Manitoba RCMP spent less than $800K on massive manhunt after B.C. killings
Kam McLeod (left) and Bryer Schmegelsky are now considered suspects in three suspicious deaths in B.C. (RCMP)
WINNIPEG -- Manitoba Mounties spent less than $800,000 on a massive search last summer for two young men wanted for three killings in northern British Columbia.
RCMP Cpl. Julie Courchaine said Wednesday that the amount includes the cost incurred by the Manitoba RCMP during the 17-day search through the province's northern terrain for Bryer Schmegelsky, 18, and Kam McLeod, 19.
It does not include the cost of the B.C. RCMP or the Canadian Armed Forces, whose members were also involved in the nation-wide search.
A national RCMP spokeswoman in Ottawa said in an email she was not in a position to give a total amount.
The investigation began July 15 when the bodies of American Chynna Deese and her Australian boyfriend Lucas Fowler were discovered near B.C.'s Liard River Hot Springs.
Two days later, a burned truck registered to McLeod was found about 60 kilometres south of Dease Lake, B.C. The body of University of British Columbia lecturer Leonard Dyck was located nearby.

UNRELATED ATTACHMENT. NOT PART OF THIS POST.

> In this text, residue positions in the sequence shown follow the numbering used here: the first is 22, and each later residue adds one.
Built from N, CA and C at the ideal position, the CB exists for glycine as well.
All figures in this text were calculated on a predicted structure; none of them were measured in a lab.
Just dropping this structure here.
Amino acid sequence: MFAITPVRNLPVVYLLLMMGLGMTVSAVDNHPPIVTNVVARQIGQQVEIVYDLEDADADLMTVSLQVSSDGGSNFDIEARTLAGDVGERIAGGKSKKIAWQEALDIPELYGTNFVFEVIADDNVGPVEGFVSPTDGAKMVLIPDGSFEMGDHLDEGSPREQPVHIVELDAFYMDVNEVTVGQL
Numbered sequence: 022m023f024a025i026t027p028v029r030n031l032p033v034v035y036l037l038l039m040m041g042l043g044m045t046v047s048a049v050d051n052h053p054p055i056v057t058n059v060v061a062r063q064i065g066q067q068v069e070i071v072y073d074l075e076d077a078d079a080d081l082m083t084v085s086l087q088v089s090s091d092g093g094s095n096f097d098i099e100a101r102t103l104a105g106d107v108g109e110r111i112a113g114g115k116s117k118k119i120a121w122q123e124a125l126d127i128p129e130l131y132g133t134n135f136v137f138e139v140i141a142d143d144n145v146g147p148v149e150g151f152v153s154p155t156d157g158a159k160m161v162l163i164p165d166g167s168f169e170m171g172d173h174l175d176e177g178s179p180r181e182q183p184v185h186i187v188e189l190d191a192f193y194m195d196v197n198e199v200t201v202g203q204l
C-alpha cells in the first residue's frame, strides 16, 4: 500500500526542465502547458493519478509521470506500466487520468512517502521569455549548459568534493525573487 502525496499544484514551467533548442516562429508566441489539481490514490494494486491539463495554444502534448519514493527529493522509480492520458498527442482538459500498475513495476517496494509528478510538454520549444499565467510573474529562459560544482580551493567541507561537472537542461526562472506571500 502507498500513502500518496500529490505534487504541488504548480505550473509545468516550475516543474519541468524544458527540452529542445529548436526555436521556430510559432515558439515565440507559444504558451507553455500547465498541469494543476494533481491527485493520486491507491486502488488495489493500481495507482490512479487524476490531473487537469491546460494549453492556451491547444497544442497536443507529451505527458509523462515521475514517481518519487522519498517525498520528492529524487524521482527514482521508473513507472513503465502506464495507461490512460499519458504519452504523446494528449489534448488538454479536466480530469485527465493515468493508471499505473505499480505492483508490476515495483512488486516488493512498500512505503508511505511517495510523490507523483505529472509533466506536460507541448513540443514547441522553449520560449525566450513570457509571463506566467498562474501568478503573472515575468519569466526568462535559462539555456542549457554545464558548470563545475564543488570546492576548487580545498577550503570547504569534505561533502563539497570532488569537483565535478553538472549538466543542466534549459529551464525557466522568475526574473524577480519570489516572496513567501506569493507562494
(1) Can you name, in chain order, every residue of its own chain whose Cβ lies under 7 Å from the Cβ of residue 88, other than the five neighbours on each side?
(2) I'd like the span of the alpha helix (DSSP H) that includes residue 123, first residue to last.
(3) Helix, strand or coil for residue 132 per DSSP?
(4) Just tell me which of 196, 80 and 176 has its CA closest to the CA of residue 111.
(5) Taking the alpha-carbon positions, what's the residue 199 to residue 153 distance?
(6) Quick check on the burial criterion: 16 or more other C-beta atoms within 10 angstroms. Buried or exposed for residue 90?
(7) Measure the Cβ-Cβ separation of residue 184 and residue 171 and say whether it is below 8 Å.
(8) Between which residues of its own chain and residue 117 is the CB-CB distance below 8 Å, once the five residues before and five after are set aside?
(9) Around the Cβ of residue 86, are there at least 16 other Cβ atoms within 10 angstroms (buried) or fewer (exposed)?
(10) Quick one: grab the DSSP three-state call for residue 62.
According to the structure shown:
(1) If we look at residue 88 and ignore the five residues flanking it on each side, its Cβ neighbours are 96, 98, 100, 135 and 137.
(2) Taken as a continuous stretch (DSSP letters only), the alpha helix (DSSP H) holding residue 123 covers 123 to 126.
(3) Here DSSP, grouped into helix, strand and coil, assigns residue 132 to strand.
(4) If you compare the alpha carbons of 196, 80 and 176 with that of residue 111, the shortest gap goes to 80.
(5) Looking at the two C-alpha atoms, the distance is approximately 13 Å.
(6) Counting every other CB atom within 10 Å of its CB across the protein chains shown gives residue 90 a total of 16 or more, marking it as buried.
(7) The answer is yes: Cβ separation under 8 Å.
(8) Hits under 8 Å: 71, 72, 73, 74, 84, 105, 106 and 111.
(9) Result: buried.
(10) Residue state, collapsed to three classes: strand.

The search continued east in the following days. Dyck's Toyota Rav 4 was found burned near Gillam, Man., on July 23.
Mounties descended on the area of dense brush and difficult terrain. Local community leaders said at the time that anxiety was high for residents as police searched for the suspected killers.
Items belonging to the suspects were eventually found about eight kilometres from the truck. That led to the discovery of the bodies of Schmegelsky and McLeod in brush near the shore of the Nelson River on Aug. 7.
RCMP have said Schmegelsky and McLeod expressed no remorse for the killings in six videos they left behind.
Schmegelsky said their plan had been to march to Hudson Bay, hijack a boat and travel to Europe or Africa. But in another video he said they had reached a river that was too large and fast moving, so they planned to take their own lives.
This report by The Canadian Press was first published Jan. 22, 2020.